Category Archives: People

Retirement Dinner for A. S. P. Sgt. John Bishop, June 25, 2010

This past Friday evening, June 25, 2010, approximately 200 citizens and many of his fellow law enforcement officers gathered in the Bradley Elementary School Cafeteria to honor Bradley’s own Arkansas State Police Sgt. John Bishop.  John is retiring from the A. S. P. effective today (June 30, 2010).

John is a 1969 graduate of Bradley High School.  John joined the Arkansas State Police on May 2, 1974.  Before being stationed with Troop G and thus able to live in the Bradley area, John was stationed at Little Rock, Hot Springs and Camden.  He has worked in the Criminal Investigations Unit since 2000.

At the dinner, John and his wife, Patsy, were provided rocking chairs (below).  Patsy used hers; John didn’t (below).

Among the speakers were A. S. P. Major Cleve Barfield, A. S. P. Lt. Glenn Sligh, Raymond Robertson and outgoing State Senator Barbara Horn. 

One of the more interesting parts of the evening was the presentation to John of a plaque by Officer Jay Perry of the Louisiana State Police, who has worked with John on interstate investigations (below).

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John was also presented with a plaque by outgoing State Representative (of this district) Bruce Maloch, and current State Representative (from another district) and State Senator-elect Steve Harrelson (from this district) (below).

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Two local friends of John who spoke were Kelly Kelner (below) and Vickie Paige (below, with Emcee Richard Estes).

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At the conclusion of the evening, John briefly addressed those present (below).

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Finally, no report of the evening would be complete without mentioning the presence of John’s parents, Mr. Dick and Mrs. Marjorie Bishop (below).

Dedication of Travis S. Gore Park, 3-8-10

This past Monday afternoon, March 8, 2010, approximately a hundred people gathered at the Bradley High School building for a brief ceremony dedicating the school baseball and softball fields as “Travis S. Gore Park.”

For readers who have not been to Bradley in the last few years, the baseball field remains where it has been located since at least 1950.  The softball field is located in the north portion of what was once the football field, with home plate near what would have been the northeast corner of the north end zone of the football field.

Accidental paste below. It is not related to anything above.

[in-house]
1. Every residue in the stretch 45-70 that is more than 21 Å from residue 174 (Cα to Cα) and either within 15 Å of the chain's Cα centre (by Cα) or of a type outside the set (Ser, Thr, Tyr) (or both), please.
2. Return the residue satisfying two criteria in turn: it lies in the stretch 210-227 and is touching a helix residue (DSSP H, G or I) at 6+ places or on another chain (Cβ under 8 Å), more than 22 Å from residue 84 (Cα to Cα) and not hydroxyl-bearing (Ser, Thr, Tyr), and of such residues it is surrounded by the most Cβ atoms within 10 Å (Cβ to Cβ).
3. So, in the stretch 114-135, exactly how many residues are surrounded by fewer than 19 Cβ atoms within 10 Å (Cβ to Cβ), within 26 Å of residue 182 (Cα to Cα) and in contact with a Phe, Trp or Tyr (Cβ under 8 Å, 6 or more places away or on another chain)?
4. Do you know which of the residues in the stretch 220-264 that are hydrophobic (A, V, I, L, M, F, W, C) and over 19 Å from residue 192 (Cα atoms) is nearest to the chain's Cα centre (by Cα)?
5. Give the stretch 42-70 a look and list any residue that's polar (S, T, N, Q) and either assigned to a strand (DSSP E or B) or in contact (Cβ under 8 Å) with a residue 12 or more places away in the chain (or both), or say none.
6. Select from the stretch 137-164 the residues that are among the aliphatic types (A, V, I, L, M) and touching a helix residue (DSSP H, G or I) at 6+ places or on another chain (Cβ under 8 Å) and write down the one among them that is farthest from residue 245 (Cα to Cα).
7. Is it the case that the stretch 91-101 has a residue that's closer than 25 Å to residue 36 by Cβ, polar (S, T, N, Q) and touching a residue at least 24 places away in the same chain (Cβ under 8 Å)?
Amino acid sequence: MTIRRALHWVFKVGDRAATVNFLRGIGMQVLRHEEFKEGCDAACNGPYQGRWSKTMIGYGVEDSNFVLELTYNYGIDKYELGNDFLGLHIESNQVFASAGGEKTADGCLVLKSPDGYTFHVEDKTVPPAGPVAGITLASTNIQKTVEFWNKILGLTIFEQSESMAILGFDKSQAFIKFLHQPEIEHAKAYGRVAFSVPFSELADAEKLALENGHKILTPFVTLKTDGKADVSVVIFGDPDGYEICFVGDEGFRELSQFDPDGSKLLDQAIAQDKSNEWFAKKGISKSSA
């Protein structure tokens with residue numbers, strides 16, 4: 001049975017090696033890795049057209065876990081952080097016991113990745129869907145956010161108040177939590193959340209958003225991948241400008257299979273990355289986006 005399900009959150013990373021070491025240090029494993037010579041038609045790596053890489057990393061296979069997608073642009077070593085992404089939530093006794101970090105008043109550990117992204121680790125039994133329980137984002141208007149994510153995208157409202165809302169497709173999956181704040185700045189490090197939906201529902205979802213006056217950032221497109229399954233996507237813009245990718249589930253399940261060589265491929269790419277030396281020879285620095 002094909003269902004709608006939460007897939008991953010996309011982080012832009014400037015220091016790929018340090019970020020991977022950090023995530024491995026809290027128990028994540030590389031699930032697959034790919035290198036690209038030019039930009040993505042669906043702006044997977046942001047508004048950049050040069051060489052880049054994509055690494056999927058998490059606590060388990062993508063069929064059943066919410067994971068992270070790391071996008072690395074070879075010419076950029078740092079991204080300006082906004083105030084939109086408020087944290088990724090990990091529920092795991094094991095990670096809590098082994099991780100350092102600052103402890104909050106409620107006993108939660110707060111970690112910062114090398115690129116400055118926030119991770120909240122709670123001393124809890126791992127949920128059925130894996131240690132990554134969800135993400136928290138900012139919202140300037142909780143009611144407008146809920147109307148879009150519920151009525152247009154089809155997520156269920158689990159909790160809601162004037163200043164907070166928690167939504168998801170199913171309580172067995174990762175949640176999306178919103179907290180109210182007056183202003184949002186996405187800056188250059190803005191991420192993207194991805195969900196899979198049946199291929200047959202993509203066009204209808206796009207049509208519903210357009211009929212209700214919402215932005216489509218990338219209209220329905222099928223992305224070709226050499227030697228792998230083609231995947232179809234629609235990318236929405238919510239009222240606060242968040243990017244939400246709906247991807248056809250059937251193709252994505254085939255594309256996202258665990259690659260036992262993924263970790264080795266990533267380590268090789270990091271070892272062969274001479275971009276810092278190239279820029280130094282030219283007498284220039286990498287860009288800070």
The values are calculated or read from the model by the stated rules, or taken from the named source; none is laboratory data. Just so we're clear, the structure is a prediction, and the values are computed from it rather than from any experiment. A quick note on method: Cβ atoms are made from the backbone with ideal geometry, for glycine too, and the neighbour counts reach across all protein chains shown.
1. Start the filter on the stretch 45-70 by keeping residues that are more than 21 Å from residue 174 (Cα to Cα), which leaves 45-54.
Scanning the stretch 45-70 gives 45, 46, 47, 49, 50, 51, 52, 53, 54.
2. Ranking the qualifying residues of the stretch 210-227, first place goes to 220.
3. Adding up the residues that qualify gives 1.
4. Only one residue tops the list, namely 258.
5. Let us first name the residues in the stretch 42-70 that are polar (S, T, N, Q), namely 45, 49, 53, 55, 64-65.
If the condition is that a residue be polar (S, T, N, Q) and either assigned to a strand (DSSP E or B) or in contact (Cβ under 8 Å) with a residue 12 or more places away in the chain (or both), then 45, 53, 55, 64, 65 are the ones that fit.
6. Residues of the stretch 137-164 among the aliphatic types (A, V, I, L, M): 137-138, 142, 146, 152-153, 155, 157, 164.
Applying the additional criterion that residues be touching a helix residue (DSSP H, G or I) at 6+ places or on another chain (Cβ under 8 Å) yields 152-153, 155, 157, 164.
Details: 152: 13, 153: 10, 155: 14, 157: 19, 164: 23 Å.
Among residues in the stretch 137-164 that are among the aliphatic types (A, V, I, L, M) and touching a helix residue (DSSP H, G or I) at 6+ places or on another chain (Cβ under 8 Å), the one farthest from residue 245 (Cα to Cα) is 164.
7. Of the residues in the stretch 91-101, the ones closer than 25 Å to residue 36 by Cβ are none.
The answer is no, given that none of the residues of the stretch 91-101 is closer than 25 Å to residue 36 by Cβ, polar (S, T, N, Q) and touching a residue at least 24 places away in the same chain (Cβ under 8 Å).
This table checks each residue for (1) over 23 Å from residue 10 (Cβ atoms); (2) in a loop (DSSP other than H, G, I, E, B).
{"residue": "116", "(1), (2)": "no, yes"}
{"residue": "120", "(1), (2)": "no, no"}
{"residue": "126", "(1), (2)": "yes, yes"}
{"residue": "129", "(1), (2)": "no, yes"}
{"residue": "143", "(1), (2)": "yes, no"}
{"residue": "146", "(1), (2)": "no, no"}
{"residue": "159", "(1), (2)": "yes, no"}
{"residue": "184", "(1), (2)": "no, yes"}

Current Bradley Schools Superintendent Gammye Moore, in the purple jacket, below, began the ceremony by announcing its purpose and identifying the honoree, who, notwithstanding the presence of many members of his family, demurred that he was under the impression that he was coming to a ceremony honoring Bradley’s current basketball coach, Bennie Harris.


Those making brief remarks included former Bradley School Board President Andrew Whisenhunt, current basketball coach Bennie Harris, former Bradley Elementary School Principal John K. “Buddy” Black, former (early 1950’s)basketball coach Joe Langdon, Mollye McCalman, and former faculty member Richard Johnson.

Coach Bennie Harris, below, with Travis, told a humorous story of how he once was working as a law enforcement officer and realized that there was a vehicle behind him, following his every move.  Thinking this rather unusual, he stopped his patrol unit and the vehicle behind him also stopped.  It turned out to be Travis Gore, wanting to hire him as Bradley’s basketball coach.


Travis was presented with a plaque, which he is holding in the photo below.

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Below, left to right, are Coach Bennie Harris, John K. “Buddy” Black, and Travis Gore.


Below, left to right, are Coach Joe Langdon, Travis Gore, and Andrew Whisenhunt.  Coach Langdon was Travis’ coach when Travis was in Bradley High School.


Before refreshments were served, the ceremony adjourned to the newly-erected gate on the road going into the baseball and softball fields from Highway 160.  Travis and many members of his family gathered for a picture below the gate.

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For the curious, “S.” is for Sherman.

Bradley School, First Grade, 1955

On a September morning in 1955, Miss Ray Crabtree welcomed her newest first grade class.  Somehow, in a feat which must have been akin to herding cats, the new students were persuaded to pose for a picture.  Mrs. J. W. Camp, Sr., was there with her camera and took the photo below, which her son, Harry, has graciously provided to